Thursday, July 05, 2012 8:36pm
The “Where Is He Now?” moment became a reality when Jeff Tarango walked into the Press Restaurant, came up to me and said hello. He had just finished providing commentary for the David Ferrer-Andy Roddick match on the Wimbledon Interactive network, and he was weary after the third round slugfest.
I have known him since he was an up and coming junior at the Kramer Club in Rolling Hills Estates and then later, as a member of the Boys’ Junior Davis Cup team. Tarango has always been a plucky player, who has made the most of his talent. He has always been very bright, and seldom missed an opportunity to express opinions. He attended Stanford where he was a three-time All-American, and led the team to two NCAA titles before turning pro in his junior year. During his 14-year career, he won two singles and 14 doubles titles. He was also a 12-time doubles finalist, the most significant of which was at Roland Garros where he teamed with Goran Ivaniševic in 1999.
Included in the Tarango recollections is a vivid 1995 flashback. While walking to a backcourt at the All England Lawn Tennis Club to watch his match against Alexander Mronz of Germany, just as I was about to reach the appropriate patch of lawn, a harassed, almost frightened Tarango, with his racquet bag and a towel slung over his shoulder, quickly moved toward me on his way to the locker room. Pursuing him was an un-Wimbledon horde. They were actually sprinting after him.
As tennis historians recall, it was his best and his worst showing in London. He had never gone beyond the first round in six previous attempts, but that year he defeated Andrei Medvedev, No. 15 in the world, to set up the third round contest with Mronz. Trailing 7-6, 3-1, he had several exchanges with chair umpire, Bruno Rebeuh, and ultimately received code violations. After the last one, he called for the Tournament Referee. When Alan Mills, who controlled matters from 1982 until 2005, didn’t appear, Tarango walked off the court. His subsequent default was Wimbledon shocking, but when his wife, at the time, Benedicte, who is French, slapped countryman Rebeuh twice in the face, the Tarango family became the scourge of The Championships.
For that scandalous behavior, he forfeited his tournament prize money, $63,000 in total (and still had to pay tax on the amount) and to top it off, was unable to play Wimbledon the following year. On his return, he told me, "I believe it was a mistake to walk off the court. It was a scary incident for me. The bad thing is that I have this stigma before my name."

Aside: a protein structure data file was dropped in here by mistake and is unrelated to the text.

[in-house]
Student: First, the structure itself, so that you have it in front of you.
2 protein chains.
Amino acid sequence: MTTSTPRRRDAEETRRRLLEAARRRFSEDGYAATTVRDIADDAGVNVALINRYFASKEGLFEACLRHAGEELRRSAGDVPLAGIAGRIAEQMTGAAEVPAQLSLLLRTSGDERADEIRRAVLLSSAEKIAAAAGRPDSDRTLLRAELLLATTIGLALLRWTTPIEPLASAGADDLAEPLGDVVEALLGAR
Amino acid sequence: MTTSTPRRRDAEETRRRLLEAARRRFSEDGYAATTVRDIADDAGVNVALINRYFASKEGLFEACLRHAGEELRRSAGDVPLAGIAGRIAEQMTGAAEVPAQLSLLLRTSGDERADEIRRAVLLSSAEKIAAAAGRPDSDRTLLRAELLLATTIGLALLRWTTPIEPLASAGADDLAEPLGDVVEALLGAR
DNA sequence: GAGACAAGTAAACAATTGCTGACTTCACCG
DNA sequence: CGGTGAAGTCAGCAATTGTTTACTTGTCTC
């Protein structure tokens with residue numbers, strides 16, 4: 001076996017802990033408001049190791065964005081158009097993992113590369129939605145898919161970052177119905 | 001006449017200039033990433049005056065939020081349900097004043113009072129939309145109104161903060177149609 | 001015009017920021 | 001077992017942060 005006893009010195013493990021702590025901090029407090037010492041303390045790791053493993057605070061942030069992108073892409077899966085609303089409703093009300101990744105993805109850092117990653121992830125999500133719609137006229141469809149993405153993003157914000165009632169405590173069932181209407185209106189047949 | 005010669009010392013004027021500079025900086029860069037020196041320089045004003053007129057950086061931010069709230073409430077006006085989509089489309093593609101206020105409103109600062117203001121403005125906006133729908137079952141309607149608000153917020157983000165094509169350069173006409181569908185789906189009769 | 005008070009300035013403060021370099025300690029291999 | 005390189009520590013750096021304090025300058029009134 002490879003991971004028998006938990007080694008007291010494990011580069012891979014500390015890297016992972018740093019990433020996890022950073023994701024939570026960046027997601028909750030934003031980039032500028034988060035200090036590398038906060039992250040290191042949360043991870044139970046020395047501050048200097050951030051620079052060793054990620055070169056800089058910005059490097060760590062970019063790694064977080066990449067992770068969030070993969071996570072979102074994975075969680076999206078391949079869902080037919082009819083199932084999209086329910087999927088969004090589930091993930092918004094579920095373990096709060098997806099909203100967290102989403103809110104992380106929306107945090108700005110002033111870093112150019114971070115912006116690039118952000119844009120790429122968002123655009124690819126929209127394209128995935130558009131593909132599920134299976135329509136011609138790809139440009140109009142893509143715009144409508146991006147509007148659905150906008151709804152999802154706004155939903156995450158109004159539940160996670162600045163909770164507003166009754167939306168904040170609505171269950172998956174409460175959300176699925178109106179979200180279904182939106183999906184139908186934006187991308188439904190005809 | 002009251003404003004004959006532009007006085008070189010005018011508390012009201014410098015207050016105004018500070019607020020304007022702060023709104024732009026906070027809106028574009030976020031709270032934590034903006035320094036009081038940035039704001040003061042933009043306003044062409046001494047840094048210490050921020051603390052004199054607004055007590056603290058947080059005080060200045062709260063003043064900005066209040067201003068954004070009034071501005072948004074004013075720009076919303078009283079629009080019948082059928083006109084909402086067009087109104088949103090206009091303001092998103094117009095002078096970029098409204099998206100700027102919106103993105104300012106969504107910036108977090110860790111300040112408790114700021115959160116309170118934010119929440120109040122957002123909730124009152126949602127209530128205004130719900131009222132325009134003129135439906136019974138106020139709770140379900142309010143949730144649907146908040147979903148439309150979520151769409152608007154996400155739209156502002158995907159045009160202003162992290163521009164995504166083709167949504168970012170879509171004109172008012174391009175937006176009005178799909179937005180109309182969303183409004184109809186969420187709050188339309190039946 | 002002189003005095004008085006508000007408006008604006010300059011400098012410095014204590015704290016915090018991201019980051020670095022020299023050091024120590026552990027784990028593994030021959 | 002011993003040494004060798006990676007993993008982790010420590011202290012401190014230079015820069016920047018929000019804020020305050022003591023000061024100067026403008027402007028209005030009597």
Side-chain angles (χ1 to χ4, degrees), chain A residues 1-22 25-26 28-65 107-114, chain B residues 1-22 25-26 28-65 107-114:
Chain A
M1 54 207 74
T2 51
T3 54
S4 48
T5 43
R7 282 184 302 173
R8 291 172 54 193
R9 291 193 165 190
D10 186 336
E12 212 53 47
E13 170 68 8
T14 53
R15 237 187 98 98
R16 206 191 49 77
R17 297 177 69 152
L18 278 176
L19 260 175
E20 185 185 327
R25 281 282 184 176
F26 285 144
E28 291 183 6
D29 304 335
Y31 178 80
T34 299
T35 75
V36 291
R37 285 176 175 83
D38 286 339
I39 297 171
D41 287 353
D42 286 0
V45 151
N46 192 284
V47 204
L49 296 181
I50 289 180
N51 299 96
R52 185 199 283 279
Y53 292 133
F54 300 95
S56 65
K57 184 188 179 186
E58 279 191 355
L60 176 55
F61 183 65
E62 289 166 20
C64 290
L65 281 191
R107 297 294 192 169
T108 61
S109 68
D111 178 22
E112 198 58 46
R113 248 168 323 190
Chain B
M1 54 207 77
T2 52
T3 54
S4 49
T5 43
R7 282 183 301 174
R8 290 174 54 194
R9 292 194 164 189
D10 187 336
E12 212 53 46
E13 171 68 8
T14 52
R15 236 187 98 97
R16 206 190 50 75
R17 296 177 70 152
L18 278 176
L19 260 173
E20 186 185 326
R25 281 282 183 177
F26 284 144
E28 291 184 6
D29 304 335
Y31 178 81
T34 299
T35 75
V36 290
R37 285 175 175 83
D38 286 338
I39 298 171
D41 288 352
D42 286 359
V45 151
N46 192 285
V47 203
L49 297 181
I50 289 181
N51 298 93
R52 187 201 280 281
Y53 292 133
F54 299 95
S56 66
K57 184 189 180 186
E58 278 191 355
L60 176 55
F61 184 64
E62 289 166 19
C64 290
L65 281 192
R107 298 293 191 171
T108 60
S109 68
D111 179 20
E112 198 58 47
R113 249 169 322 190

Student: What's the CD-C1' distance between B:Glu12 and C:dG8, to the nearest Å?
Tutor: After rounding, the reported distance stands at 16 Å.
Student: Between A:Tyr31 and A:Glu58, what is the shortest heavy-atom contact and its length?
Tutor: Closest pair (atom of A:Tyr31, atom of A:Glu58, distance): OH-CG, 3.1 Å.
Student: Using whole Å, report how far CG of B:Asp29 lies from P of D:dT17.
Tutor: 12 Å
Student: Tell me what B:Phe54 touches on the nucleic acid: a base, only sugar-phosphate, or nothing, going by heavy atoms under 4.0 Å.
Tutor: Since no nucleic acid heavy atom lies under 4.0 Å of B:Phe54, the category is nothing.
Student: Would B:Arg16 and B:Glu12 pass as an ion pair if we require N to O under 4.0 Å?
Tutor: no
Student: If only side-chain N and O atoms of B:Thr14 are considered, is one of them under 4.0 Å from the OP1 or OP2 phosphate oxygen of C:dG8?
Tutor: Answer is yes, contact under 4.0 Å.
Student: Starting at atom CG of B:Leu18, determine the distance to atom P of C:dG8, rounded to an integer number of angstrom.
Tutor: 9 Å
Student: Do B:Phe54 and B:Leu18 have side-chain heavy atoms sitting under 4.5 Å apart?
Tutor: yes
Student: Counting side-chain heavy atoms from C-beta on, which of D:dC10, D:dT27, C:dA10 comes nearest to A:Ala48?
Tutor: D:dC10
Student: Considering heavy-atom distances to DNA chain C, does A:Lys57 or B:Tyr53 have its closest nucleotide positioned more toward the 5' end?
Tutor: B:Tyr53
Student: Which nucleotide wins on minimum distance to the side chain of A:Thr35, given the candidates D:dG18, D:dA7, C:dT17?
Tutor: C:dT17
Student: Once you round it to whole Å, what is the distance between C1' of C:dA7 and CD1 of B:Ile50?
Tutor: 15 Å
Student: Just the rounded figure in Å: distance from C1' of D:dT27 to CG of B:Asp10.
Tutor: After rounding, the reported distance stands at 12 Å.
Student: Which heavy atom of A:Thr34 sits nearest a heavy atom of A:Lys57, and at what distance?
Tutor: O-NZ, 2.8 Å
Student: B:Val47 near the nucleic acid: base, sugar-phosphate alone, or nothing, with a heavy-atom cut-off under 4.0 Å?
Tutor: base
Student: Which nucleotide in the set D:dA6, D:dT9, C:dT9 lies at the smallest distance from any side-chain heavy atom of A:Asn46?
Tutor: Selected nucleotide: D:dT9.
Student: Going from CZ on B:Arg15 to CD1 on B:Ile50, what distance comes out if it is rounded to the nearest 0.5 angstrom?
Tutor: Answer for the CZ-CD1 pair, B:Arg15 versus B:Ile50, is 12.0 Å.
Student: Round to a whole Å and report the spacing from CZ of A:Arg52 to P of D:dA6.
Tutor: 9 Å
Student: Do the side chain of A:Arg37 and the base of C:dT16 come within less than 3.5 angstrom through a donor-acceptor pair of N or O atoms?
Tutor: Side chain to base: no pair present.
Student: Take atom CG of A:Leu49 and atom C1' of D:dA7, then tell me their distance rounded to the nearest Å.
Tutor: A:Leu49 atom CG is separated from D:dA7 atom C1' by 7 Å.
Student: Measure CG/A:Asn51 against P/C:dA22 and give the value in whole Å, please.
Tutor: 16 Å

Adding to the surreal history of Tarango’s 1995 Wimbledon, he, (and this is rarely mentioned), and partner Henrik Holm of Sweden received a default in their first round doubles match when Tim Henman, who was teamed with Jeremy Bates, struck a ball in anger after missing a shot that hit a ball girl, which resulted in the British tandem being defaulted. The entire escapade became textbook bizarre when it was pointed out that in 1989, Jimmy Arias, a former professional, signed an affidavit stating that Rebeuh was not always “completely unbiased”…which is exactly what Tarango had accused him of during that ill fated singles match.
In a follow-up story on September 17, 1995 in a Florida Sun Sentinel article by Charles Bricker, Arias said, in part, "…I felt as if Bruno did exactly what Jeff said he does. I don't think anyone pays him, but he gives the appearance of being friendly with some players.
"I'm not defending what Tarango did at Wimbledon. He acted like an idiot. None of what he did was right. But I think, at the same time, Bruno is not always completely unbiased."
In the 17 years since that incident, Tarango’s life has moved forward. He retired from the tour in 2003, and now he spends time coaching and doing commentary for a variety of television outlets. He was a member of the USTA Board of Directors, and has been involved with Davis Cup and United States Olympic (Governance) Committee work.
In February, at the 32nd International Tennis Federation Seniors World Team & Individual Championships, held in San Diego and organized by William (Bill) J. Kellogg, the District and the San Diego Sports Commission, Tarango was in the forefront of the action. He was member of the Men’s 40 Trabert Cup team that was a finalist to France. But, he evidenced his still formidable competitive skills when he downed Marcus Hilpert of The Netherlands 6-3, 3-6, 7-5 in the Men’s 40 singles final. Teaming with Gretchen Magers, he came up 6-1, 4-6, 10-7 short against Rick Leach and Tracie Currie in the mixed doubles title round. His singles success has earned him an ITF Men’s 40 ranking of No. 3 (as of the second week of Wimbledon).
He is now married to Jessica Leigh Balgrosky Tarango, and has two sons, Ace Colton Parker Balgrosky and Jesse Aleksandr Balgrosky. I still remember what he told me, returning to Wimbledon in 1997. "In some ways, it made me tougher,” he explained. “In some ways, it made me understand the world better.”
And with all the experiences that have filled his tennis life, Jeff Tarango is still making headway.
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